Using assistants, his detachment in the production of the prints also reflected the ambivalent nature of US society at the time: wealthy or poor, everyone consumed the same products, but class distinctions nevertheless remained firm.

At the same show, he exhibited this work featuring Monroe, which fuses two themes: the cult of celebrity and death. The former is emphasized on the colourful panel, while the black and white panel that blurs and fades suggests mortality.

Made of two canvases, the work references Christian diptychs made for the worship of religious icons, but Warhol has shown Monroe as a grotesque product of the media and a victim of her fame.

Warhol’s visual commentary on society’s obsession with celebrity and the expansion of mass media was prophetic, and he initiated new attitudes towards art and artmaking that continue to this day. Read more

“Rebellious Silence” by Shirin Neshat

In the image the woman gazes with dignity past the barrel of the gun that she is holding, proud to be wearing her veil as a sign other religious and cultural identity and willing to protect that identity at all costs, although potentially melancholic about the need to do so.

Neshat says: ‘Despite the Western representation of the veil as a symbol of Muslim women’s oppression, the subjects of these images look strong and imposing. In fact, the use of the black veil as a uniform has transformed the feminine body into that of a warrior, determined and even heroic.’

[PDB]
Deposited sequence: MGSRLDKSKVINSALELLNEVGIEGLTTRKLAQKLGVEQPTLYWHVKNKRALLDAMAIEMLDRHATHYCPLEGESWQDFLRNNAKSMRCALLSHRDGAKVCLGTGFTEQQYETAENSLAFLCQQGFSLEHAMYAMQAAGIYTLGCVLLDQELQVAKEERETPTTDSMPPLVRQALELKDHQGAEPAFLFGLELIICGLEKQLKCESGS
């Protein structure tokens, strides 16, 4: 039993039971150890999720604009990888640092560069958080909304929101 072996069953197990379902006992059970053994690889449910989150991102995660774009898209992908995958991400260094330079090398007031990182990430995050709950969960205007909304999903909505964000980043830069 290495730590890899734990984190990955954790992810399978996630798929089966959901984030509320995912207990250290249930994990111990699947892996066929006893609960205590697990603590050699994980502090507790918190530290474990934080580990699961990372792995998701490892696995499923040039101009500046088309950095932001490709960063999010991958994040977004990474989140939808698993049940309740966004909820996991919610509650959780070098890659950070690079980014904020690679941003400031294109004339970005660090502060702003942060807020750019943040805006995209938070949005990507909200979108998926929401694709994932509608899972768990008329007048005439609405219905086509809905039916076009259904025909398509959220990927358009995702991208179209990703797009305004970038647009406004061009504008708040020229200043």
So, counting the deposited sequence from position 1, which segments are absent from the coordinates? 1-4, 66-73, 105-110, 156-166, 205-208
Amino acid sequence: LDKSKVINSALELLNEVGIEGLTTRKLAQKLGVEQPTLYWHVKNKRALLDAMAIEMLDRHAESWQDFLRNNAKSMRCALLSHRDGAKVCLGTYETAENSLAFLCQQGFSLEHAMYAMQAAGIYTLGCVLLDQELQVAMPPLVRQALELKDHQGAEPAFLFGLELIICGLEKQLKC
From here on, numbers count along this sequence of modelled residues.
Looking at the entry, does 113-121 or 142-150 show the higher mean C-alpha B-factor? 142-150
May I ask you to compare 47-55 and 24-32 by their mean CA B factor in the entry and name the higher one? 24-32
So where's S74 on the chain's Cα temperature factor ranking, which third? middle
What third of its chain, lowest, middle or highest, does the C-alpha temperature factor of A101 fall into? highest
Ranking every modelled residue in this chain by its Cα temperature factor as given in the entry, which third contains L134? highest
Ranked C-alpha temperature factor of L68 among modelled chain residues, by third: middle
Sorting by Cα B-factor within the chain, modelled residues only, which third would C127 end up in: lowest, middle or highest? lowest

Like many artists investigating the issue of identity from the late 1980s onwards, including Lorna Simpson (b.1960)—creator of The Waterbearer — Neshat chose to incorporate text into her photography because of what she saw as the limitations of a purely visual language. In the image above, as in much of the Women of Allah series, she includes Farsi text, taken from prose and poems written by contemporary Iranian women.

Her placing of this on the woman’s face—the only part of her that is visible—acts as a reminder of the intertwined and indivisible nature of individual and cultural identity. Meanwhile, Neshat’s use of a script that is indecipherable to most people in the West has the effect of placing Westerners as the “other”. Read more

“Man with a Guitar” by Georges Braque (1911-12, MoMA, New York, USA)

Through his collaboration with Picasso, Georges Braque (1882-1963) was at the forefront of the development of Cubism. He was also one of the first artists to include decorators’ techniques in paintings and introduced the idea of using unexpected materials in fine art.

Although born in the Parisian suburb of Argenteuil, Braque grew up in Le Havre. He trained to be a house painter and decorator like his father while also taking evening classes in drawing and painting.

In 1902, he moved to Paris and studied at various art schools. After visiting the Salon d’Automne in 1905, he contributed his own Fauvist paintings to the Salon des Independants the following year.